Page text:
The Milwaukee Journal-Sentinel's superb classical music critic, Tom Strini, talks about Beethoven's Sixth here.
The MSO's performance of both works — together with George Antheil's 1955 A Jazz Symphony — was outstanding. If there are tickets available for tonight's performance, snap them up. Mr. Delfs's departure will be a huge loss to the community although, fortunately, Mr. De Waart is equally accomplished.
Stravinsky's jarringly dissonant and rhythmically complex, groundbreaking masterwork notoriously inspired a riot at its Paris premiere in 1913, a far cry from last night's enthusastic reception and ovations. I've heard it performed before on a couple of occasions, including by the London Symphony Orchestra at Royal Albert Hall. For my money, Delfs and the MSO's brilliant and sonically perfect reading was the best yet.
Stravinsky hadn't intended to cause a riot, but many of his contemporaries and mutual admirers did, and several years ago during a course in music history at the University of Wisconsin-Milwaukee, I submitted a written assignment to another Milwaukee institution, Dr. Timothy Noonan, which is reproduced below.
Dr. Noonan is almost literally a walking encyclopedia of music. Among many, many memorable anecdotes proceeding from the two courses I took with Dr. Noonan, one is especially so. A classmate was asking Dr. Noonan in somewhat vague terms about a particular theme from a particular string quartet of Franz Joseph Haydn, the now-underperformed Austrian genius and one of Beethoven's most profound formal and stylistic influences.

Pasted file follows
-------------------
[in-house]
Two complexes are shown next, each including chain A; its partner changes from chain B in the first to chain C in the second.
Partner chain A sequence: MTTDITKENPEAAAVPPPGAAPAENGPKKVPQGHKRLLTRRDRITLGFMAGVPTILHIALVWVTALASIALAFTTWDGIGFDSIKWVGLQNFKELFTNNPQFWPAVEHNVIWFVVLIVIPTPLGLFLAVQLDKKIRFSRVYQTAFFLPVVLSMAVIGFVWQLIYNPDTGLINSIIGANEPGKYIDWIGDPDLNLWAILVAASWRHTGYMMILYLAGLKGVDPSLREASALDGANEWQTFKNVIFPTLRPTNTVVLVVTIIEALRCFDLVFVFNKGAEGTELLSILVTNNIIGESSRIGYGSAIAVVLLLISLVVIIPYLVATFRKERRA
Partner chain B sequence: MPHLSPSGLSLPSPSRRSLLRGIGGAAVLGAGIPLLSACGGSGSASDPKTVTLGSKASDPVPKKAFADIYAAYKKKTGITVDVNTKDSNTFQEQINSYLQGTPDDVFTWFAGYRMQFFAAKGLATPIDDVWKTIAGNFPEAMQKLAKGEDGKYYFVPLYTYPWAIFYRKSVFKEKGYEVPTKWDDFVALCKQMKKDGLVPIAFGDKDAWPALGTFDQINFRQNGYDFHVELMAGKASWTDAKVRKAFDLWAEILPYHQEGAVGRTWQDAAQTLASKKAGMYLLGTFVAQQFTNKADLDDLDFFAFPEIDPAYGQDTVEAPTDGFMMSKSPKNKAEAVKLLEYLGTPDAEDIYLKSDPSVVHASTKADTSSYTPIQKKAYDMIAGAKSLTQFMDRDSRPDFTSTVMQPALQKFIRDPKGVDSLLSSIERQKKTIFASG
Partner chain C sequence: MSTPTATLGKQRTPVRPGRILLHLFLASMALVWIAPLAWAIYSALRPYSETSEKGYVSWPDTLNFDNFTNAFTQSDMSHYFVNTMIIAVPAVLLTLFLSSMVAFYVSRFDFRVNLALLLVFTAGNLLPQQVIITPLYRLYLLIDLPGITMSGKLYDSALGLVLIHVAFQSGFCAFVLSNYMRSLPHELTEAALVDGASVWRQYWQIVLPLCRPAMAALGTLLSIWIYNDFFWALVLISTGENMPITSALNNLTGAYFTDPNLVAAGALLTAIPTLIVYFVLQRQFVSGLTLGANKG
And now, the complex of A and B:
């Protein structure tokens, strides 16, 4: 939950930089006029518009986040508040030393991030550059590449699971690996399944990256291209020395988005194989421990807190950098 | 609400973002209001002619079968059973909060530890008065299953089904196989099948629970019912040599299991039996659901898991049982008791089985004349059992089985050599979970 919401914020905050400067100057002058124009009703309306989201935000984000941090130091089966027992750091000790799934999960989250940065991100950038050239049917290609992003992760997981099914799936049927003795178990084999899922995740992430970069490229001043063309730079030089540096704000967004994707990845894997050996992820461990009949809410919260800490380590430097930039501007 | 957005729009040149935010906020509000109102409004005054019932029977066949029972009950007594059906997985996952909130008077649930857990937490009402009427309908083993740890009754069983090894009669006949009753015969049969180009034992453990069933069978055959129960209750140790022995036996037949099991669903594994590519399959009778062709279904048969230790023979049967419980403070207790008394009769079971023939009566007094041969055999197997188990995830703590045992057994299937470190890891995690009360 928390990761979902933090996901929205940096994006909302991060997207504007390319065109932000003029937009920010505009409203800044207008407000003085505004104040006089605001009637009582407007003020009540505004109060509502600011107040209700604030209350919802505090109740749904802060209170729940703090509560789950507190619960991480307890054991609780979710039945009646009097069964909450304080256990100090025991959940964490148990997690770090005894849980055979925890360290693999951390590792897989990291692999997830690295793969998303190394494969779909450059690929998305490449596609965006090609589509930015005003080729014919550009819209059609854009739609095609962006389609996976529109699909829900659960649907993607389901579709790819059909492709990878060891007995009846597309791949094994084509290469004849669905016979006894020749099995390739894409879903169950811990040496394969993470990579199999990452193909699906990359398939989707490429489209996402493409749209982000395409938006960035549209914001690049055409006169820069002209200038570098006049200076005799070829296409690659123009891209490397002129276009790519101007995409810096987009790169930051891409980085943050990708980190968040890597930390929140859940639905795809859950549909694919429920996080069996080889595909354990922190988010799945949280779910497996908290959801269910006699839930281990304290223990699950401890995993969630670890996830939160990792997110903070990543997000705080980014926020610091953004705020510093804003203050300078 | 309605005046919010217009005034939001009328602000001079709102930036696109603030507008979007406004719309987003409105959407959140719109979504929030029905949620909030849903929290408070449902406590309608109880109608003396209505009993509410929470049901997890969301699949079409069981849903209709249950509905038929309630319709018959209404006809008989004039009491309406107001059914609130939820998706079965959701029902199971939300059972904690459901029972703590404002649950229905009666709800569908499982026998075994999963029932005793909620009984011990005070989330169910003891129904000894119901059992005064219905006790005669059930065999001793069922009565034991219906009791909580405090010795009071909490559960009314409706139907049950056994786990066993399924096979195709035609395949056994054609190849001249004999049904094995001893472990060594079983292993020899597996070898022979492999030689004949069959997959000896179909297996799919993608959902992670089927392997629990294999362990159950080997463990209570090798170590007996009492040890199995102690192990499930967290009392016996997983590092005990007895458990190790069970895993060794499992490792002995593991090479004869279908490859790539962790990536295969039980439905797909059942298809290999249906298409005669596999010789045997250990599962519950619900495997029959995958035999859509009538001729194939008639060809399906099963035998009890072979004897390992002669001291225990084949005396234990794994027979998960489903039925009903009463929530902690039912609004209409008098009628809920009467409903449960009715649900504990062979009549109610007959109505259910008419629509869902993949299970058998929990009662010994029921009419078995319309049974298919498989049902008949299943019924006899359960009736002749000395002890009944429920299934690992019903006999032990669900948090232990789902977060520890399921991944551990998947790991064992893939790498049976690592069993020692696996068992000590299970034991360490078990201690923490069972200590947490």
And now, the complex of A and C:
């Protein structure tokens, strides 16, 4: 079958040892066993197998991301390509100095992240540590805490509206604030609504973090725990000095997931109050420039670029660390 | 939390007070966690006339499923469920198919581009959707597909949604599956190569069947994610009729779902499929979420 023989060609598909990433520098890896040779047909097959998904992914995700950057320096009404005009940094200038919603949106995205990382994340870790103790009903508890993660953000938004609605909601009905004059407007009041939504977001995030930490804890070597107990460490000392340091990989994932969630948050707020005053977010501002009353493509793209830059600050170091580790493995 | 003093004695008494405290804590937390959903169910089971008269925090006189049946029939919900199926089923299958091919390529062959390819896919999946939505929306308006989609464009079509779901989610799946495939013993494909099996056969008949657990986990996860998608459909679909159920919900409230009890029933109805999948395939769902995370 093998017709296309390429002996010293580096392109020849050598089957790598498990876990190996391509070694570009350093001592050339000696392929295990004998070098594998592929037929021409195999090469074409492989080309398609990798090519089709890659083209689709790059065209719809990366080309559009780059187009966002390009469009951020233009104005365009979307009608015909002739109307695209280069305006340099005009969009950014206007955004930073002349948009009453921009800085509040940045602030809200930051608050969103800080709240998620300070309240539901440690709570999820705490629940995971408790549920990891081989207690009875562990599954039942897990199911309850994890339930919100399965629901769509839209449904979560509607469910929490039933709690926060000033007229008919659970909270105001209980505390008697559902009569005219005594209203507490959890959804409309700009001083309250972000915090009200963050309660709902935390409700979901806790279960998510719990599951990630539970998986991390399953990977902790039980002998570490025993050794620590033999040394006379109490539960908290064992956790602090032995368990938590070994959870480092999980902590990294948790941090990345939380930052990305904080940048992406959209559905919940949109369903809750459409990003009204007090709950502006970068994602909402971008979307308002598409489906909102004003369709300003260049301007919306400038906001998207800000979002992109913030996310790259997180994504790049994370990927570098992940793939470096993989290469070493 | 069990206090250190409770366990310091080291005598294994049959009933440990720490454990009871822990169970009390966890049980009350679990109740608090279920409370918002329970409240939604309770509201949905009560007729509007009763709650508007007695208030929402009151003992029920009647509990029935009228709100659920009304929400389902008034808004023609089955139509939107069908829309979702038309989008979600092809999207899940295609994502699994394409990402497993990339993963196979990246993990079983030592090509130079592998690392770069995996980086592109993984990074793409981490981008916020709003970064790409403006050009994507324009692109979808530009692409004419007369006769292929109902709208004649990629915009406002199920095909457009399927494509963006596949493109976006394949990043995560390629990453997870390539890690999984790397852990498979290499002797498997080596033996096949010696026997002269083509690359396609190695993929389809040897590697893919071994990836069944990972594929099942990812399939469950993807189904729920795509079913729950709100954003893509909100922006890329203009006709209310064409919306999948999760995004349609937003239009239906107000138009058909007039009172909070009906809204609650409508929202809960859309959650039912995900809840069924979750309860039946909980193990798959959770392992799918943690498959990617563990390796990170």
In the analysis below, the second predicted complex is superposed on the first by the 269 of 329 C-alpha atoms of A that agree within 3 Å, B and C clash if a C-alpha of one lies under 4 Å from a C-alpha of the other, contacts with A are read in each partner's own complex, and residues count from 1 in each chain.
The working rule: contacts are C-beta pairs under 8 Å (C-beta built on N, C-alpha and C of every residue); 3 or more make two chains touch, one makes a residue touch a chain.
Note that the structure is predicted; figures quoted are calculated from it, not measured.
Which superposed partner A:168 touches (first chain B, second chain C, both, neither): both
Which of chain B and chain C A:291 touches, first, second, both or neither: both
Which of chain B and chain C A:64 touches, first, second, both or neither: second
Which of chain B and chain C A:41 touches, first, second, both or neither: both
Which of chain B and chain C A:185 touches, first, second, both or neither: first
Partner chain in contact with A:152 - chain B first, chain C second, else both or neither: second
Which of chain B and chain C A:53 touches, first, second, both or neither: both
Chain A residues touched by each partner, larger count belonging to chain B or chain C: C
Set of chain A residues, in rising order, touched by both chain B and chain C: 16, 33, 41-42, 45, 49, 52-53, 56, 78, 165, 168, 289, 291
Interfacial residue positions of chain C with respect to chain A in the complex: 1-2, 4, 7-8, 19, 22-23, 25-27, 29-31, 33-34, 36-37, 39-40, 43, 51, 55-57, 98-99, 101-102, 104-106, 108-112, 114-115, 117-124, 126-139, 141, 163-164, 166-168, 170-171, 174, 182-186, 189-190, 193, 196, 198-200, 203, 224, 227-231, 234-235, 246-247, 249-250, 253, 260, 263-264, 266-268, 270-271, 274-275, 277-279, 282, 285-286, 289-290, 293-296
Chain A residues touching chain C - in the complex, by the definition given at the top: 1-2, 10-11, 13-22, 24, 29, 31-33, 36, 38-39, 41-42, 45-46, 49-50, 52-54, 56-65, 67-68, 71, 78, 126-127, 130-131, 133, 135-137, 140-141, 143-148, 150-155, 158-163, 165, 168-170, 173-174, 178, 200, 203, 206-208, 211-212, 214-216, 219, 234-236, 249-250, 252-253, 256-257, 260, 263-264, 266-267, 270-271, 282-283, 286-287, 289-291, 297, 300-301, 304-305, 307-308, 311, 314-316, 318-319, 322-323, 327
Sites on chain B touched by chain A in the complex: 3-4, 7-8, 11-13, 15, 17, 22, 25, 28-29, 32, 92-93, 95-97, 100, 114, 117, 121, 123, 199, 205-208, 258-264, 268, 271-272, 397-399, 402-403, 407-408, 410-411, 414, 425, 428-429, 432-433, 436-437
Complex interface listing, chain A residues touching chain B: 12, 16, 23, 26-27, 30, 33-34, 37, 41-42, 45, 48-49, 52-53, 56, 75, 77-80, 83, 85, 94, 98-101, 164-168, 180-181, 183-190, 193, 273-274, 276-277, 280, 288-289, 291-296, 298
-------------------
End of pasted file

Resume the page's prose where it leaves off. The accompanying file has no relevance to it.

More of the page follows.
Haydn wrote nearly 70 string quartets (he practically invented and perfected the form), nearly all of which contain four separate movements, and each movement contains a number of different musical themes. In other words, Dr. Noonan was being asked to specify a theme from among hundreds, but only those hundreds contained in the works of one specific composer writing in one particular form, the string quartet.
Dr. Noonan thought for a minute and then walked over to the piano and proceeded to play a theme from one of the Haydn quartets. "Is that the one?" Dr. Noonan asked. "That's it!" said the student.* I've never seen anything like it in my life. While Dr. Noonan's scholarly specialty is the 18th century composer Luigi Boccherini, his prodigious expertise extends from the birth of Western music in ancient Greece through the most contemporary of contemporary musicians. His knowledge truly is phenomenal.
In addition, Dr. Noonan is one of the most self-effacing, generous, and kind gentlemen I've ever had the pleasure of meeting. I need to drop by UWM and see him again one of these days.
* It wasn't the German national anthem, either. It was something considerably, considerably less familiar.
You can read about some of Igor Stravinsky's precursors, friends, and inheritors right here:
eta: Strini's review of last night's performances, including of
the ferocious, relentlessly focused reading of "The Rite." The rhythmic bite and drive of the allegros overwhelmed, and the dark mystery of the static moments crackled with suspense. They didn't really feel like pauses; they felt ominous, as if massive energy were being restrained. This was shocking music in 1913 and it's shocking music today. The enormous orchestra played with monumental force and total discipline, for a conductor who knew exactly what he wanted.Whew. I'm glad he agrees with this here amateur.